The DSV also issued a call to “everyone who has information or tips that can help us to clarify a case” to report to the association or the responsible public prosecutor’s office. It added:
“The DSV has set itself the goal of creating a culture of observation that encourages those affected to talk about their situation, scares off potential perpetrators and thus protects all actors in sport from sexual violence.”DSV
The Allegations Against Stefan Lurz Now Under Investigation
Stefan Lurz is alleged to have sent one 16-year-old a wave of text messages stating things such as “you look ‘Really good”.”; “Your skin is beautiful”; your “body is very well cared for”; and “Must stare a lot :)”, according to Der Spiegel. The coach is alleged to have rated the teenage swimmer’s body on a scale from 1 to 10, including her legs and her “ass”.
He is also said to have asked: “Have you taken a picture here [of yourself] in a bikini?” When she said she had not, he wrote: “You have to take one now” and sent a photo of himself, shirtless, in the bathroom.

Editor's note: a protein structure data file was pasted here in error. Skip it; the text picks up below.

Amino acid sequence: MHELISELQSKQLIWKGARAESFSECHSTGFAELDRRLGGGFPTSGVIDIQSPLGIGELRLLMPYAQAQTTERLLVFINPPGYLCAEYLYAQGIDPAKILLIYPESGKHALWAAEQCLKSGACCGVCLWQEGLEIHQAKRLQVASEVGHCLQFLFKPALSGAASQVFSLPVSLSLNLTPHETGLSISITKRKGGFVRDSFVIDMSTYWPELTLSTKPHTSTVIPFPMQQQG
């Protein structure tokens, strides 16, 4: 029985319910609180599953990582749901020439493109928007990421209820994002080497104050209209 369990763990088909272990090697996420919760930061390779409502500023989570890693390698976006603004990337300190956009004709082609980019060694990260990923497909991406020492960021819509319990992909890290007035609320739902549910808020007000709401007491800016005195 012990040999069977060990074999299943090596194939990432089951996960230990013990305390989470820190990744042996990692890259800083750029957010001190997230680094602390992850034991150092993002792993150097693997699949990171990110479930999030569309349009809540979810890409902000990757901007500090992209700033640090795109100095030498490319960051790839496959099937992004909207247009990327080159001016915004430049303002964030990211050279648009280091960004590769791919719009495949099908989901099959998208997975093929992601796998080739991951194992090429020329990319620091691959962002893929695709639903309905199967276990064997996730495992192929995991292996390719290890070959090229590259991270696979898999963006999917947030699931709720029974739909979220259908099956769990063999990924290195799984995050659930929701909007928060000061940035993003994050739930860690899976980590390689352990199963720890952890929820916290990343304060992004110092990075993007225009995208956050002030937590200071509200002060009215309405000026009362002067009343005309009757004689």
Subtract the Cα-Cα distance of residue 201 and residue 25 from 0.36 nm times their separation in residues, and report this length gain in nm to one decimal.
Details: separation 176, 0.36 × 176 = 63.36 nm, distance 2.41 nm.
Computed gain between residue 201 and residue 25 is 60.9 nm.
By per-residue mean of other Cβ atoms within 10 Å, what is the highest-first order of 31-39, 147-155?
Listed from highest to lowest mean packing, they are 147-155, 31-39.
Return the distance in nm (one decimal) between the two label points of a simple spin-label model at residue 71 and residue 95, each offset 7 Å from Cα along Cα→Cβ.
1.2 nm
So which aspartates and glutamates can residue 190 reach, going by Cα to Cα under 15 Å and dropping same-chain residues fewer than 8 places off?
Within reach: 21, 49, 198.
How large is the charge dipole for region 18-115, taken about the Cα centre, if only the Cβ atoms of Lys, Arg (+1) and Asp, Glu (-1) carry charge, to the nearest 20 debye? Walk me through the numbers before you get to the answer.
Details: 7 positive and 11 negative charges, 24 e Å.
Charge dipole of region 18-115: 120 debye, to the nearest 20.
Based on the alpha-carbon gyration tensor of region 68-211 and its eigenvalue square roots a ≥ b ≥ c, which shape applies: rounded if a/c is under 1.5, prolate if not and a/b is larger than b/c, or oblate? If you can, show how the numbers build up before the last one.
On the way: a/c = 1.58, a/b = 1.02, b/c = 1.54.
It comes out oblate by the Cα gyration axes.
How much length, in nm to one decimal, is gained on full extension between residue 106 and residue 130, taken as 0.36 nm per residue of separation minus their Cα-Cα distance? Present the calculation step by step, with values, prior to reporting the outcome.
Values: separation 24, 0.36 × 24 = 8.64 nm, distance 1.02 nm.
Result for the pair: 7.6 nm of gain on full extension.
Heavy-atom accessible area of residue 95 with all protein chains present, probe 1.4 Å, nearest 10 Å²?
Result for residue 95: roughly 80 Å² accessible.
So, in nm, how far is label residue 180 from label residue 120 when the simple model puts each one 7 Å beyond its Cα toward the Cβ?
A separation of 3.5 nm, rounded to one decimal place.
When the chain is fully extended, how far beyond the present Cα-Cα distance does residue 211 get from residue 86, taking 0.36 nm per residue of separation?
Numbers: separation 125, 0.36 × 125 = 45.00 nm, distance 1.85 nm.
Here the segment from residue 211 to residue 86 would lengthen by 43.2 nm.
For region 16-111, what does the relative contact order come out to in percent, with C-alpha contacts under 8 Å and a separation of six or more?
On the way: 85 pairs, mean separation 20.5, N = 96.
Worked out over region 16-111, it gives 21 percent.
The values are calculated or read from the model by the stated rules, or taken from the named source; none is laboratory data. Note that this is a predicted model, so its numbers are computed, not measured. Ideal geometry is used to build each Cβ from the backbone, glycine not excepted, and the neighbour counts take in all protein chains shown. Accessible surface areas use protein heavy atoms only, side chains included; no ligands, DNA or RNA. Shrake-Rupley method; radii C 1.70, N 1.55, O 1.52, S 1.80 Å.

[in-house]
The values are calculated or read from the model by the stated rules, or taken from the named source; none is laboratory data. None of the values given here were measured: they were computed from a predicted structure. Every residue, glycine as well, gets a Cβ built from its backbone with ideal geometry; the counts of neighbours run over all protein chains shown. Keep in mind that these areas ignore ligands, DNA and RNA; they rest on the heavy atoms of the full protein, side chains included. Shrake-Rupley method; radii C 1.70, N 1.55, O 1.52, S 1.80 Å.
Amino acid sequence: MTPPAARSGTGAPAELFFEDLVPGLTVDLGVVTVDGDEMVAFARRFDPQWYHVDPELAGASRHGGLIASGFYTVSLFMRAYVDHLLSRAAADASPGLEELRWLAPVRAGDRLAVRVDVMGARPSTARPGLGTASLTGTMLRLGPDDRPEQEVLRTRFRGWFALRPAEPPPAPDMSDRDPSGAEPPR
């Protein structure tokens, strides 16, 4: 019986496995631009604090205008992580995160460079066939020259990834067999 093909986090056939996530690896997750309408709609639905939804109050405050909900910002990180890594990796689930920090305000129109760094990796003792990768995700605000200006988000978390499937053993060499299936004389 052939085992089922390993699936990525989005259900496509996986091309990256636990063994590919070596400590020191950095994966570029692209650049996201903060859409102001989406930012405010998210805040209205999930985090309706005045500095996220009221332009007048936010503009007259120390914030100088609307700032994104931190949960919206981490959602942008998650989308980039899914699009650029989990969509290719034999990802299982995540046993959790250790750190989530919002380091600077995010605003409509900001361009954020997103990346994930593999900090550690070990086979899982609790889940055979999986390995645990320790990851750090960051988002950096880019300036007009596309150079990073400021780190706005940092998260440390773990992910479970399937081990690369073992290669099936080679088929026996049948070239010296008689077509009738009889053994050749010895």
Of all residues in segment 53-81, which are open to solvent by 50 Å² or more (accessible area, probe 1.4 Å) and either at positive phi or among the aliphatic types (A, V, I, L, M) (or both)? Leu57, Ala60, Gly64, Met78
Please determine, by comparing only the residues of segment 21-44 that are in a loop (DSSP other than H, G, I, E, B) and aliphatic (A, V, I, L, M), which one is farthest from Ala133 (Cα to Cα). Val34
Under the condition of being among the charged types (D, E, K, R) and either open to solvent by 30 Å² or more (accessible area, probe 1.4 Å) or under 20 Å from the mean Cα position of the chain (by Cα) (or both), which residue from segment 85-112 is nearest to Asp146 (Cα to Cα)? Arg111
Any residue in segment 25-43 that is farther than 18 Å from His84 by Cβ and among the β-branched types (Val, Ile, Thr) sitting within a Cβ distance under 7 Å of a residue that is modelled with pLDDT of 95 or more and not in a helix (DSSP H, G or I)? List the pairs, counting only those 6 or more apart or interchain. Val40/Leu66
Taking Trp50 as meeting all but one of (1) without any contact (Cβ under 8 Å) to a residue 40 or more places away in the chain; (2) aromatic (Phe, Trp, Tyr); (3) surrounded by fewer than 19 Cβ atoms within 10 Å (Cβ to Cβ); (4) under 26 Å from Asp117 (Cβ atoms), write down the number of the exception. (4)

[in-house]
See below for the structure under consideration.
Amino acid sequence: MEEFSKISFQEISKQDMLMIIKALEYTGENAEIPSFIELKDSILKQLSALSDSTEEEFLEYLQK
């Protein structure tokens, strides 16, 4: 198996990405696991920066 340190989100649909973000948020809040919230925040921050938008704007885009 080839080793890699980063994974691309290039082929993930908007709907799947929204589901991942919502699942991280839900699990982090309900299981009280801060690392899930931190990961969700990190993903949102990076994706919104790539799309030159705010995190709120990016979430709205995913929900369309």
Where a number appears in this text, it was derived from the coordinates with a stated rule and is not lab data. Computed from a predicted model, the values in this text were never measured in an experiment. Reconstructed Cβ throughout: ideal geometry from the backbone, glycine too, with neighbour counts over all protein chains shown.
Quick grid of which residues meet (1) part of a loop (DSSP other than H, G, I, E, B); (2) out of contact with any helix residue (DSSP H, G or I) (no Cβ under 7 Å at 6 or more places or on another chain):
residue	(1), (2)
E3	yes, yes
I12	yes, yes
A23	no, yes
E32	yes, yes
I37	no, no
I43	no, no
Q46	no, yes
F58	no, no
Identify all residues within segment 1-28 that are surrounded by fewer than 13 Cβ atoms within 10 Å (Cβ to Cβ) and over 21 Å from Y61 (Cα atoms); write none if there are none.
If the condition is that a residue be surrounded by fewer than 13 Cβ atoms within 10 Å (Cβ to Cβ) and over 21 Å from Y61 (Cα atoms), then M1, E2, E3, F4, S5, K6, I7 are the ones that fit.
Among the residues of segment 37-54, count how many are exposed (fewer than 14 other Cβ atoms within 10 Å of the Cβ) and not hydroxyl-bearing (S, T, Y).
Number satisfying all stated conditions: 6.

At the time, she was 16, he was 37. A year earlier, the swimmers alleges, he forced her to kiss him. And so it proceeded for years to come, according to the allegations.
Der Spiegel reports that Lurz once wrote: “Today, before training, you looked soooo sexy”. Another read: “Your tits turned me on.” When she didn’t react immediately, he sent an apology but failed to stop sending messages, one reading: “… make me horny quickly. Then we sleep. I’ll be done in 5 minutes” – followed by the emoji of three water droplets.
Stefan Lurz, now 43, has been head open water coach at Germany’s national training centre in Würzburg for several years. His swimmers, including brother Thomas, have notched up many successes, including Olympic, World- and European-championship medals and have won two medals at the Olympics.
The swimmer telling her story to Der Spiegel says that she tried to put the whole thing behind her until the other girls told her their stories and turned to her for help. After that, she reported her allegations to the police. That was spring 2019 – and sports authorities were informed at the same time, including the director off sport at the German swimming federation, the DSV, who referred the swimmer to the federation’s “Prevention of sexual violence officer”.